Food prices are on the move once again as the world economy recovers from the financial crisis. The Commodity Research Bureau’s index of the prices of foods- including corn, wheat, steers, and sugar- doubled between 2002 and 2008, fell by 25% during the crisis, and has increased since the world recovery to a level beyond the prior peak. Higher prices of foods mainly hurt the poor since poor countries and poorer families within a given country spend a much larger fraction of their incomes on foods than do rich countries, and then richer families within a country. For example, the share of national income spent on food is over 40% in India, less than that but still large in China, and under 15% in the United States. If families were spending 40% of their income on food, a 30% increase in food prices would raise by 12% the income they would need to maintain the same level of consumption of all goods. By contrast, a family spending only 15% of its income on food would only need a 4.5% increase in their income to maintain the same consumption basket. This simple arithmetic explains why the current rapid price increase in foods and other commodities, and past large increases in these prices, often caused great distress among poor families of Africa, Asia, and elsewhere in the world. This distress led to food riots in many countries, and other protests by the poor against the large rise in their cost of living. Governments responded to these protests in various ways that often lowered the cost of food to consumers, but usually at the expense of inducing inefficient behavior by farmers and consumers, and often even at the expense of the poor.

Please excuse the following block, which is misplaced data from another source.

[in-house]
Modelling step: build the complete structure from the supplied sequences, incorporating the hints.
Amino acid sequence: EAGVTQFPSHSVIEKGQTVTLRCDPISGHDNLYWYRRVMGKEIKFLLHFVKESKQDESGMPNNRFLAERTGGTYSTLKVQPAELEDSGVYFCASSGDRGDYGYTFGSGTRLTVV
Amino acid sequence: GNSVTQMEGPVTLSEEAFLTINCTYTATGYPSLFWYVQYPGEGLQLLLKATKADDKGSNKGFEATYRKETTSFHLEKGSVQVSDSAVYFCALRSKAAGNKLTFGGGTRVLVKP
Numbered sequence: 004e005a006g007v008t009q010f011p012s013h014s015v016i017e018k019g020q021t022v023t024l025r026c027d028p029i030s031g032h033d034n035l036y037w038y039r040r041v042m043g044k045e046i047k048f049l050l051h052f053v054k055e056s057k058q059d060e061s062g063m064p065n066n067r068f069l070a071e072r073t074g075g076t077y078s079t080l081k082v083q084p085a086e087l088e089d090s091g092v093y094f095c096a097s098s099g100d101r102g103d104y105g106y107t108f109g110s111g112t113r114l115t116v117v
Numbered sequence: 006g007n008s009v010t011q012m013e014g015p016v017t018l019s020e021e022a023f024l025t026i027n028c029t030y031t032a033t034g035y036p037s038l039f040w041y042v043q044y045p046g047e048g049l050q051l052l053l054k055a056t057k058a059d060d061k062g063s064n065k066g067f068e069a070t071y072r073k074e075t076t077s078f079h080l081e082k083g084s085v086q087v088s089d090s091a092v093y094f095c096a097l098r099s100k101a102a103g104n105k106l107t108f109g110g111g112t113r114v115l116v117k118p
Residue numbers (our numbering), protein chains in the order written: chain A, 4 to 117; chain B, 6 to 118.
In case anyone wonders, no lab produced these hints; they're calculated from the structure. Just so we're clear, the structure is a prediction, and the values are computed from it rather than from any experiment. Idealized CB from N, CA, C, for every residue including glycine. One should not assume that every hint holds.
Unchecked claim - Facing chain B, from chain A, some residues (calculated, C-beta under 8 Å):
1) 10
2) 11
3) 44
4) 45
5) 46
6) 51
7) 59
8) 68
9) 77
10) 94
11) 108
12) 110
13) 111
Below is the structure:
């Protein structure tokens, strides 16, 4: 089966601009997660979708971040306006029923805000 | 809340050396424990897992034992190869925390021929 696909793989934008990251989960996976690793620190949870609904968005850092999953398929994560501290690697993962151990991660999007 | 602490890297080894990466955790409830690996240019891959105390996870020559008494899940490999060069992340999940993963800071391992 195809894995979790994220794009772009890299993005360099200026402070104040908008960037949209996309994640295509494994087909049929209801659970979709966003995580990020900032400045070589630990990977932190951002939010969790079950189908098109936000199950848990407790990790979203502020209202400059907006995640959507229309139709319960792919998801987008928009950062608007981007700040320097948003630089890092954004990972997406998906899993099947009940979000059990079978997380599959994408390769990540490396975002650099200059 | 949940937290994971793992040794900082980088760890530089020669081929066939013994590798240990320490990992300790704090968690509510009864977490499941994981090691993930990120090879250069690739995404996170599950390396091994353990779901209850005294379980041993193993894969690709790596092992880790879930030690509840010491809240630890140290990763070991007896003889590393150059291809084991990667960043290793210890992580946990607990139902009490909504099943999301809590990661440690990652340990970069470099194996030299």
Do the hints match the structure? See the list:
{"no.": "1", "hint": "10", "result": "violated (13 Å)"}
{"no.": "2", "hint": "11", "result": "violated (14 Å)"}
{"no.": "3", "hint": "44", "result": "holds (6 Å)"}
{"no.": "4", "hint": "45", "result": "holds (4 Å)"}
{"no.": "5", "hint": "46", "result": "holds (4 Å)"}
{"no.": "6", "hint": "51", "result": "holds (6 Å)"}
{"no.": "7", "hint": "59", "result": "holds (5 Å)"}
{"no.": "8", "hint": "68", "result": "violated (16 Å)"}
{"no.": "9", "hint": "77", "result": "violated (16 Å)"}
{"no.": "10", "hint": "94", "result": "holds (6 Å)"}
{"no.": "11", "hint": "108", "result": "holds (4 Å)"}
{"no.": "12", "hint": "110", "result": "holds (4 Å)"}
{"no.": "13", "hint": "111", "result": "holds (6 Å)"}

(photo credit: lorena pajares)